Nemesis

Nemesis

Book - 2010
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"In the high summer of 77AD, Roman informer Marcus Didius Falco is beset by personal problems. Newly bereaved and facing unexpected upheavals in his life, it is a relief for him to consider someone else's misfortunes. A middle-aged couple who supplied statues to his father, Geminus, have disappeared in mysterious circumstances. They had an old feud with a bunch of notorious freedmen, the Claudii, who live rough in the pestilential Pontine Marshes, terrorising the neighbourhood. When a mutilated corpse turns up near Rome, Falco and his vigiles friend Petronius investigate, even though it means travelling in the dread marshes. But just as they are making progress, the Chief Spy, Anacrites, snatches their case away from them. As his rivalry with Falco escalates, he makes false overtures of friendship, but fails to cover up the fact that the violent Claudii have acquired corrupt protection at the highest level. Making further enquiries after they have been warned off can only be dangerous - but when did that stop Falco and Petronius? Egged on by the slippery bureaucrats who hate Anacrites, the dogged friends dig deeper while a psychotic killer keeps taking more victims, and the shocking truth creeps closer and closer to home..."--Fantastic Fiction website.
Publisher: London : Century, c2010.
ISBN: 9781846056123
9781846056116
Characteristics: 286 p. ; 24 cm.

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p
Palomino
Aug 06, 2014

As a longtime fan of Falco, I've noticed each novel is increasingly convoluted and the whole thing is a bit removed from the original fun, but I did enjoy this one and laughed several times. I think you'd like the book more if you were familiar with the characters from previous books (so go read some). I liked the "dark" theme, something to think about after you're done, I'm and adult and I don't need my novels *too* sweet.

k
kenglish43
Jan 30, 2014

Just okay. Too much filler of extraneous names and details that don't really advance the story.

n
nerowolfgal
Aug 16, 2012

Much darker, grittier than usual in this series, but a very good read.

c
catfish1
Jul 04, 2011

Yes it is dark but that might reflect those times as much as these. Still an excellent plot and an engrossing read. I hope that she hasn't wrapped the series up.

l
LT
May 16, 2011

Spoiler alert: stop reading if you don't want any information about the plot.

I suppose that Falco had to end up investigating a serial murder at some point in his career. Unfortunately, Lindsey Davis' wonderful quirkiness is often subdued or out-of-place in her exploration of this theme. Her latest Falco outing is slightly disappointing, perhaps because it is oddly reminiscent of the banquet of serial killings that are served for our delectation in so many contemporary mysteries. One would never know by the reading habits of the Western hemisphere that serial killing is a rather rare event. Maybe this is why it holds a morbid fascination for us.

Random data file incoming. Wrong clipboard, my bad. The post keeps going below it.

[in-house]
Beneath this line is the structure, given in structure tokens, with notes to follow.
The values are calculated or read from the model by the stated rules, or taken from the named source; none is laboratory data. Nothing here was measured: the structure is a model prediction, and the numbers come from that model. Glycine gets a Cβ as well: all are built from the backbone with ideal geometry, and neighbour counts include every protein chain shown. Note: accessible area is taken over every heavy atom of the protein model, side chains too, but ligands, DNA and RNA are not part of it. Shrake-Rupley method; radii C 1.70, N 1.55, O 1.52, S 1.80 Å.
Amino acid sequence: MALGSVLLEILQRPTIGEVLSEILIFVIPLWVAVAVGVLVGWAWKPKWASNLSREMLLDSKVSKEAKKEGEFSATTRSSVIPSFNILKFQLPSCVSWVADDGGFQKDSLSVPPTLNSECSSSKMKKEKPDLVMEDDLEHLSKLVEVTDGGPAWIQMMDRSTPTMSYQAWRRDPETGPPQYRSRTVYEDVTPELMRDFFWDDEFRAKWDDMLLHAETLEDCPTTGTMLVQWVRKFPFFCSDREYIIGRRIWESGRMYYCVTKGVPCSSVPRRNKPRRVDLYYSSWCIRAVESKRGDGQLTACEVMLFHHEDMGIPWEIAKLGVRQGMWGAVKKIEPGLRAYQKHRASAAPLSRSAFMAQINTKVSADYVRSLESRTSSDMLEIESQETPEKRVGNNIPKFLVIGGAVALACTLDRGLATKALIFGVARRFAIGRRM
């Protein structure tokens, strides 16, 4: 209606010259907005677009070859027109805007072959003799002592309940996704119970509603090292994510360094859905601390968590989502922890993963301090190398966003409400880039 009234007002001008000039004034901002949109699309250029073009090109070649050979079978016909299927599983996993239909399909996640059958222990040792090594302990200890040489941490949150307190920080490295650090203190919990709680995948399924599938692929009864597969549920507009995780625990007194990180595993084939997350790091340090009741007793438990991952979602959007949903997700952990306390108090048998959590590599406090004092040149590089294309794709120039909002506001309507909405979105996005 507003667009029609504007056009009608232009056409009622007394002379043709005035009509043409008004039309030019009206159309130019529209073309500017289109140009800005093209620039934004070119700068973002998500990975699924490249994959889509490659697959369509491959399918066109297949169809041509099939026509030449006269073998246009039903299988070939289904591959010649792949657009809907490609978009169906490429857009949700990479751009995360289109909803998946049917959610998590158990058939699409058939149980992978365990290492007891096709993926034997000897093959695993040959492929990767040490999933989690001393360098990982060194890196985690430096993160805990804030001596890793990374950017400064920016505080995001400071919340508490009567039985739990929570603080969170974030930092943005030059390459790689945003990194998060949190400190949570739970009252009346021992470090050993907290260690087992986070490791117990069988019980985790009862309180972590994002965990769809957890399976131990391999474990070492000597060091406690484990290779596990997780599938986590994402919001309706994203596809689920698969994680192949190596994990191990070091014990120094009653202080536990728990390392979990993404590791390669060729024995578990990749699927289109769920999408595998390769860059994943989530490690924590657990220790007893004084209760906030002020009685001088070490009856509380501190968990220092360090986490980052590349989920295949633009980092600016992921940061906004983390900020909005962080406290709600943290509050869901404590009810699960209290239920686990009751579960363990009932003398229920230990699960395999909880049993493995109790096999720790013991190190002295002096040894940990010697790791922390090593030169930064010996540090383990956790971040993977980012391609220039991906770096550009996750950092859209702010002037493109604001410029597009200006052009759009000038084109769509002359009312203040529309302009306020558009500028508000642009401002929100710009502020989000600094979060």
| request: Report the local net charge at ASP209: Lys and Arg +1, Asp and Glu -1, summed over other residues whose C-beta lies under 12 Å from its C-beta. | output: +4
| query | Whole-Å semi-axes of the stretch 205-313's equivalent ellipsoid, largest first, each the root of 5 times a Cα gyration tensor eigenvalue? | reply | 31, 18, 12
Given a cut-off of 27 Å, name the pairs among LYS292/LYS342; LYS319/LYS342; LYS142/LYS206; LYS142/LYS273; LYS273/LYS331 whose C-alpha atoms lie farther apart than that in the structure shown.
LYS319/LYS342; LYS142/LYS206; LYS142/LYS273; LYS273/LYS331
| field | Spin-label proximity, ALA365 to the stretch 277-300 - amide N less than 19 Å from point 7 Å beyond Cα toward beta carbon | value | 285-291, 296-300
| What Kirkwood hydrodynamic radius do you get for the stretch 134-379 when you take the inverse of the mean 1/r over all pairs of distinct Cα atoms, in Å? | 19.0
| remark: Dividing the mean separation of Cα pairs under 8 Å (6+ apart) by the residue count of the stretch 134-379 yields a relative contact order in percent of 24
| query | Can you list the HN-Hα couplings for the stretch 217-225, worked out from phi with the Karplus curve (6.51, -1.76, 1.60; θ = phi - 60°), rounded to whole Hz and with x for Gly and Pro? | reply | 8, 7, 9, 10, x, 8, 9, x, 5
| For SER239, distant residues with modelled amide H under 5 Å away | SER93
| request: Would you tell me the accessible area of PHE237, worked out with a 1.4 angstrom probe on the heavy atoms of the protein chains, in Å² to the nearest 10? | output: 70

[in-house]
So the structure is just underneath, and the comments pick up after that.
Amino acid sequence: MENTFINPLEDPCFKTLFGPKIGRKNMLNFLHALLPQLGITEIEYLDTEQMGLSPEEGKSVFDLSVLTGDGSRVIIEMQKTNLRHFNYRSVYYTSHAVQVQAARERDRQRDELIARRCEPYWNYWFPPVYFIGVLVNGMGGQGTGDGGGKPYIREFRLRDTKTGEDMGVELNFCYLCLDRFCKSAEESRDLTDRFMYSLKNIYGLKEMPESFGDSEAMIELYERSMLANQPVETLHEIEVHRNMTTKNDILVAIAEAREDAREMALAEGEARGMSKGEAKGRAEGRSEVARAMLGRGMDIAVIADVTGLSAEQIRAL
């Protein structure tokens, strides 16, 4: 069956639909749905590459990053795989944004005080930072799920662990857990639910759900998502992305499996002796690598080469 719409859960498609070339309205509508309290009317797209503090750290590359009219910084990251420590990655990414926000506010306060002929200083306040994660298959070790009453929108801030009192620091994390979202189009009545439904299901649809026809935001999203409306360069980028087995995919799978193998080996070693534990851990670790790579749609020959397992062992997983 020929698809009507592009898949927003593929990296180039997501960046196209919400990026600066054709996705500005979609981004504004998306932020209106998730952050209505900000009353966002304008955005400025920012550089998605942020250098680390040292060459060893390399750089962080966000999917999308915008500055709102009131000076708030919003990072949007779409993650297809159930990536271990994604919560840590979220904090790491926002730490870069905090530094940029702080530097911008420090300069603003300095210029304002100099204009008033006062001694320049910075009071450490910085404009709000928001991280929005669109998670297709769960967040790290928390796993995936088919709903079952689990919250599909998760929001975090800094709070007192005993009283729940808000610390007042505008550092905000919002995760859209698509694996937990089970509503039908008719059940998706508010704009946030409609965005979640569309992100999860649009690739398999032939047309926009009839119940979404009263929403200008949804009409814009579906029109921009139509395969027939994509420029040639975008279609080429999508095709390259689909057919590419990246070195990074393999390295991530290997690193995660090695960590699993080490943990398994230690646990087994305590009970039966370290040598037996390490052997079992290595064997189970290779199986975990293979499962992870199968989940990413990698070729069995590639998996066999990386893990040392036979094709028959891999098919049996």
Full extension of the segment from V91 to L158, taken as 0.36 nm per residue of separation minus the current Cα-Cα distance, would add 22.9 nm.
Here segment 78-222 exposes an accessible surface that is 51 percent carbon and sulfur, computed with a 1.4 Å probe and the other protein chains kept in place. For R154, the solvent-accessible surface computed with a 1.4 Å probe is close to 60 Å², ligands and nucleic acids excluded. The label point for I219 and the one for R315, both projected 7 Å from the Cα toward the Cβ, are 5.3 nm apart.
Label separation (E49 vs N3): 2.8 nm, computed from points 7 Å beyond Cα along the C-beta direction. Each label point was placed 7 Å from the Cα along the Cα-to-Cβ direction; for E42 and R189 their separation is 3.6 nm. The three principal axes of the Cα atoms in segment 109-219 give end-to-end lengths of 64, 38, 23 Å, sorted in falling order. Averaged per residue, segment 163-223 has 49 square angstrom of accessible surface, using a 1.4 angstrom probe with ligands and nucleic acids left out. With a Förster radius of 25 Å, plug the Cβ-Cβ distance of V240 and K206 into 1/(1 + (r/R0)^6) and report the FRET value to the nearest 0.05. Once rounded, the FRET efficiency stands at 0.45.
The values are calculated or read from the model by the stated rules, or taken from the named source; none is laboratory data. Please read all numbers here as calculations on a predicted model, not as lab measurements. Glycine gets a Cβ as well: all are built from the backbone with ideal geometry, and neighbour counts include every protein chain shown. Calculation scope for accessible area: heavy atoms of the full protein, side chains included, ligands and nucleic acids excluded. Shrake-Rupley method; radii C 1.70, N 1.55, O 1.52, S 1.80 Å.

Certain plot details lead me to wonder whether Falco may take up a new occupation or be forced into early retirement. In support of my theory, Davis' publishers have announced her new mystery series, which is set in the time of the Roundheads and the Cavaliers.

a
andreareads
Dec 06, 2010

This was not a favourite of mine among the Falco books, but I have really enjoyed the series.

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a
andreareads
Dec 06, 2010

We lingered over a fine meal, eaten out of doors with grand sea views from the lofty precipice where Antium stood. This was always an hour when we liked to come together, to relax, review the day and reassert our partnership. With just the two of us tonight, it was like old times - that elusive condition married people should seek more often.

a
andreareads
Dec 06, 2010

The butcher in Lanuvium was typical. He was built like an unhealthy boxer, with a cleaver through his belt. A row of meat joints hung along the front of his shop, just where his horrible nitty head would bang into them all day. He had blood on his tunic. It looked and smelt as if it was weeks old so if you ate his meat you would keel over. But if we all avoided the produce of off-putting butchers, we would be stuck with a diet of lettuce leaves and the Empire would be overrun by beefy barbarians.

a
andreareads
Dec 06, 2010

I find it surprising more people are not killed over dinner at home. In my work we reckon that murder is most likely to happen among close acquaintances. Someone will finally snap after years of being wound up to blind rage by the very folk who best know how to drive them to distraction.

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